lothed and fed, still it does not prove they were less brave, for they came from the same race of people; but it does prove they were without a cause and without leaders. A great leader will incite men to brave actions even in a bad cause, but a noble cause will incite them to brave action without a leader. The attempt was made to convince the North that they fought for the Union, and some think so even now, but the truth is, if the Northern leaders had loved the Union as devotedly as did Davis, Stephens, Lee and the Johnstons war would have been impossible. What the North did fight for was a fanatical frenzy on the part of its leaders to free the negroes, in which nine-tenths of the men felt no interest, and on the part of the politicians and contractors to feather their nests. On the other hand, the cause of the South could not be better stated than in General Order No. 16, to the Army of Northern Virginia, which says: Let every soldier remember that on his courage and fid
otion, Lieutenant English has been chosen Captain of Company C. --Vacant offices now exist in the company, which will soon be filled. The regiment now consists of-- Colonel, P. T. Moore; Lieutenant Colonel, Fred. G. Skinner; Major, John Dooley; Adjutant, Wm. H. Palmer; Quartermaster, Wm. G. Allan: Commissary, Henry Harney; Assistant Surgeon, Thos F. Maury. Company B--Captain, Randolph Harrison; 1st Lieutenant, Wm. Wirt Harrison; 2d Lieutenant James H. Cobb; Jr. 2d Lieutenant. T. Herbert Davis. Company C.--Captain. Wm. English; 1st Lieutenant, David King; 2d Lieutenant, James Mitchell. Company D--Captain, Jos. D. Griswold: 2d Lieutenant, George F. Norton; Jr. 2d Lieutenant. E. Payson Reeve. Company E.--Captain, Chas. K. Sherman; 1st Lieutenant, Wm. N. Barker; 21 Lieutenant. George W. O Jr. 2d Lieutenant, Wm. B. Maxwell. Company G.--Captain, Wm. F. Gordon; 1st Lieutenant, Frank A. Langley; 2d Lieutenant, Eldridge Morris; Jr. 2d Lieutenant, John McDonald.
The Southern papers announce as that President Davis passed through ville, East Tennessee, on Friday night week, an route for Memphis. The Metairie Jockey Club of New Orleans, have deter mined to omit the regular spring meeting of the Club, which was announced to come off in April.
Sale of real estate. --The property known as the "Exchange Stable," on Franklin street, occupied by Messrs. Davis and Hutcheson was sold yesterday by Messrs. James M. Taylor &Son, auctioneers, for $28,695.
Election of officers. --In pursuance of that clause of the Conscription Bill requiring the reorganization of companies and battalions, the following officers have been elected for the war in the First Virginia Regiment: Colonel, Wyart M. Elliott, Lieutenant Colonel, F. J. Skinner; Major, William H. Palmer. Company B--Captain, T. H. Davis; First Lieutenant, Logan Robbins; Senior Second Lieutenant, F. M. Mann; Junior Second Lieutenant, J. A. Payne. Company C--Captain, James Mitchell; (no Lieutenants elected in this company). Company D--Captain, George F. Norton, First Lieutenant, E. P. Reeve; Senior Second Lieutenant, William Kenningham; Junior Second Lieutenant, Adol. Blair. Company G--Captain, F. H. Langley, First Lieutenant, Eldridge Morris; Senior Second Lieutenant, L. R. Shell, Junior Second Lieutenant, W. T. Woody. Company H--Captain, William E. Tysinger; First Lieutenant, Abner J. Watkins; Senior Second Lieutenant, E. W. Martin; Junior Second Lieute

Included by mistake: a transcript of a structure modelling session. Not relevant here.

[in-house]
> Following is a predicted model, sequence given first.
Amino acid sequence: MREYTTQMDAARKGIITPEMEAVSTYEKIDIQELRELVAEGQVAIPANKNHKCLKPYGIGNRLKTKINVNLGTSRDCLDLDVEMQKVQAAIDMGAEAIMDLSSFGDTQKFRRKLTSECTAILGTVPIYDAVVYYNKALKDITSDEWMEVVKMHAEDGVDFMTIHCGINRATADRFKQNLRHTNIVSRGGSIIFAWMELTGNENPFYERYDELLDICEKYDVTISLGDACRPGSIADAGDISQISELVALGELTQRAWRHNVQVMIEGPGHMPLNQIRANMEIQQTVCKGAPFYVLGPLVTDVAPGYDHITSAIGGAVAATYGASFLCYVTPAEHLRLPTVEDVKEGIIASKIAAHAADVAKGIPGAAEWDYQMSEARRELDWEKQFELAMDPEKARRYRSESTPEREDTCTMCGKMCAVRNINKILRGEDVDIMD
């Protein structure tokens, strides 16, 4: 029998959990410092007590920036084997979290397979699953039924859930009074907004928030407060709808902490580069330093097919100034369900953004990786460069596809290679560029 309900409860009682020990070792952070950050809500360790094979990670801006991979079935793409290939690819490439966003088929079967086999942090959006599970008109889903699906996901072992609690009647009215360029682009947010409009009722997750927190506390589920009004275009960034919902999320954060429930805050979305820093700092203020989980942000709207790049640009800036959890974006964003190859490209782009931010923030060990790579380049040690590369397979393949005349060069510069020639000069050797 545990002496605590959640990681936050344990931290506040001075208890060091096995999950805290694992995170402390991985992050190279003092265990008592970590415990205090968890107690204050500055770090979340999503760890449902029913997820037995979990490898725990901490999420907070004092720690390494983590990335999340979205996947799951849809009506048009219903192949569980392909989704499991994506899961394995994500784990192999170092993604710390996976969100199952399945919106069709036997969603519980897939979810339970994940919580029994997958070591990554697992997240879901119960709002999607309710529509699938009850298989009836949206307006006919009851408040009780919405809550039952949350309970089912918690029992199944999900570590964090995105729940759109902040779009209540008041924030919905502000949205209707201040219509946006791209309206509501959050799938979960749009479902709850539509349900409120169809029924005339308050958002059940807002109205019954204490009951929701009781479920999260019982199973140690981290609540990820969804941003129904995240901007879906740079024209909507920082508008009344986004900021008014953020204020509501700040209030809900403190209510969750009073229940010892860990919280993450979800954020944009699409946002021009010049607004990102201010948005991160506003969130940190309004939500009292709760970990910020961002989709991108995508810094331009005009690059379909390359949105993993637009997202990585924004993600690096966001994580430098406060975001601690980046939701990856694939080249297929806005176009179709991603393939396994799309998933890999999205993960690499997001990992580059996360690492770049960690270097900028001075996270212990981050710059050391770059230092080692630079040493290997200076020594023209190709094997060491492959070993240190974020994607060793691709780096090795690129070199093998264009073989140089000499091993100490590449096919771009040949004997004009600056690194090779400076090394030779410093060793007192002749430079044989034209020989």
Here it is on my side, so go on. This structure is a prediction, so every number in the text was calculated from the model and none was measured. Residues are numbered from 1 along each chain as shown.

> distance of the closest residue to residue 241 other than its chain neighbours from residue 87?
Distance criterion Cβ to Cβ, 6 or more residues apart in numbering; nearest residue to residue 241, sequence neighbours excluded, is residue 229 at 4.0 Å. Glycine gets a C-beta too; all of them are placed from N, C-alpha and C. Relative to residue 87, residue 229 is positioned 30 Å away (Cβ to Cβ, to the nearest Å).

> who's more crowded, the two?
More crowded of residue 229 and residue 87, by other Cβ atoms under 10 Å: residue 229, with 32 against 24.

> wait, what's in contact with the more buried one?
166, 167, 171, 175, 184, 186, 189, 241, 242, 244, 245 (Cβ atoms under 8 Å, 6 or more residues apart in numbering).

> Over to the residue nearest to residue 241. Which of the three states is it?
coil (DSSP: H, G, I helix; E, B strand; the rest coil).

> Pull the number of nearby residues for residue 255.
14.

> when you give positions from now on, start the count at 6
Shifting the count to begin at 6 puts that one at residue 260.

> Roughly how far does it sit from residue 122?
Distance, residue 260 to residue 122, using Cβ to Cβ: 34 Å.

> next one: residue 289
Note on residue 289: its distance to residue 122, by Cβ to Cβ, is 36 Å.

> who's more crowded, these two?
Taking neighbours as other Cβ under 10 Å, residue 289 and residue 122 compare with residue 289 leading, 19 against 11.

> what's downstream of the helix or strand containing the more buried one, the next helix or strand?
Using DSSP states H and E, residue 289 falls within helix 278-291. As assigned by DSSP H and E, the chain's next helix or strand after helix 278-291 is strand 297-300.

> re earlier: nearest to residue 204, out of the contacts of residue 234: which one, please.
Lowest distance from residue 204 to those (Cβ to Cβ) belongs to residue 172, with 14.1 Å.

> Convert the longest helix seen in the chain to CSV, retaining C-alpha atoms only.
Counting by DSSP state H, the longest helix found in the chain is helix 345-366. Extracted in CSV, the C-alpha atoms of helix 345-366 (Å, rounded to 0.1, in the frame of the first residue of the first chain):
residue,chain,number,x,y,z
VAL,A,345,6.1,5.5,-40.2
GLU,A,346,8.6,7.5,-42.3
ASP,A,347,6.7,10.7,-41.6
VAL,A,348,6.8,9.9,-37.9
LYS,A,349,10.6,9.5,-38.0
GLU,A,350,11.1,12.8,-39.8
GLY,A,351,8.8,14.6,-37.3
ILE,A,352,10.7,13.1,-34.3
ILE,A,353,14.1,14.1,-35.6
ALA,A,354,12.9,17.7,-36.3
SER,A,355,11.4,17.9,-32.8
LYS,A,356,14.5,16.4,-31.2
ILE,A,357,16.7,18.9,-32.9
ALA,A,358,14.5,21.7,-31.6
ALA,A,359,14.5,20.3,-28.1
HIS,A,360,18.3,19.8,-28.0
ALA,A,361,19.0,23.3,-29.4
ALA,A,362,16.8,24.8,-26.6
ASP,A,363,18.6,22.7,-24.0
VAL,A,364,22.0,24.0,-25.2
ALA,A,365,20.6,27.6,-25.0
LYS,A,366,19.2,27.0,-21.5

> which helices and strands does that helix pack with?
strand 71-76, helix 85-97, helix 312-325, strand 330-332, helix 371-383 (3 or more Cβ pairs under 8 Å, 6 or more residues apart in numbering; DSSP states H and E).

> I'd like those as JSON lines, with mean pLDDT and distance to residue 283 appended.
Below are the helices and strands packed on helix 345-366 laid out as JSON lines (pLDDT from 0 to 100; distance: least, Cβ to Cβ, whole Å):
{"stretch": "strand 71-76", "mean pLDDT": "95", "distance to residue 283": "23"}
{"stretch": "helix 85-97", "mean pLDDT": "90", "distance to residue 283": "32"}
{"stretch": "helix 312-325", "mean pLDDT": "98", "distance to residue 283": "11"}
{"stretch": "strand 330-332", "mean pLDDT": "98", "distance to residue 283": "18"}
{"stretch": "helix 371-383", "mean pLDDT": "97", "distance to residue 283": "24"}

The Daily Dispatch: may 2, 1862., [Electronic resource], English opinion of Affairs in America. (search)
ederates, but when we come to inquire into them we find that the dissentients are so far from the thought of making terms that they reproach the Government of President Davis for not carrying on offensive war, for confining its military operations to the defence of Southern territory. In fine, we are persuaded that the rule of theoo late, that it had held its hand when the cards seemed all in its favor. If a great man struggling with adversity is a spectacle for the gods, Mr. President Davis, delivering his inaugural address, almost on the morrow of the signal disaster of Donelson, may, perhaps, claim something of our sympathy. In this speech there ishrough both hemispheres, and convince those who yet may doubt that the men of the Confederate States are not made of the metal that gives in at the first shock. Mr. Davis describes to us the causes and the progress of the war, which, he says, was reluctantly accepted by the South. "The tide," he admits, "is for the moment against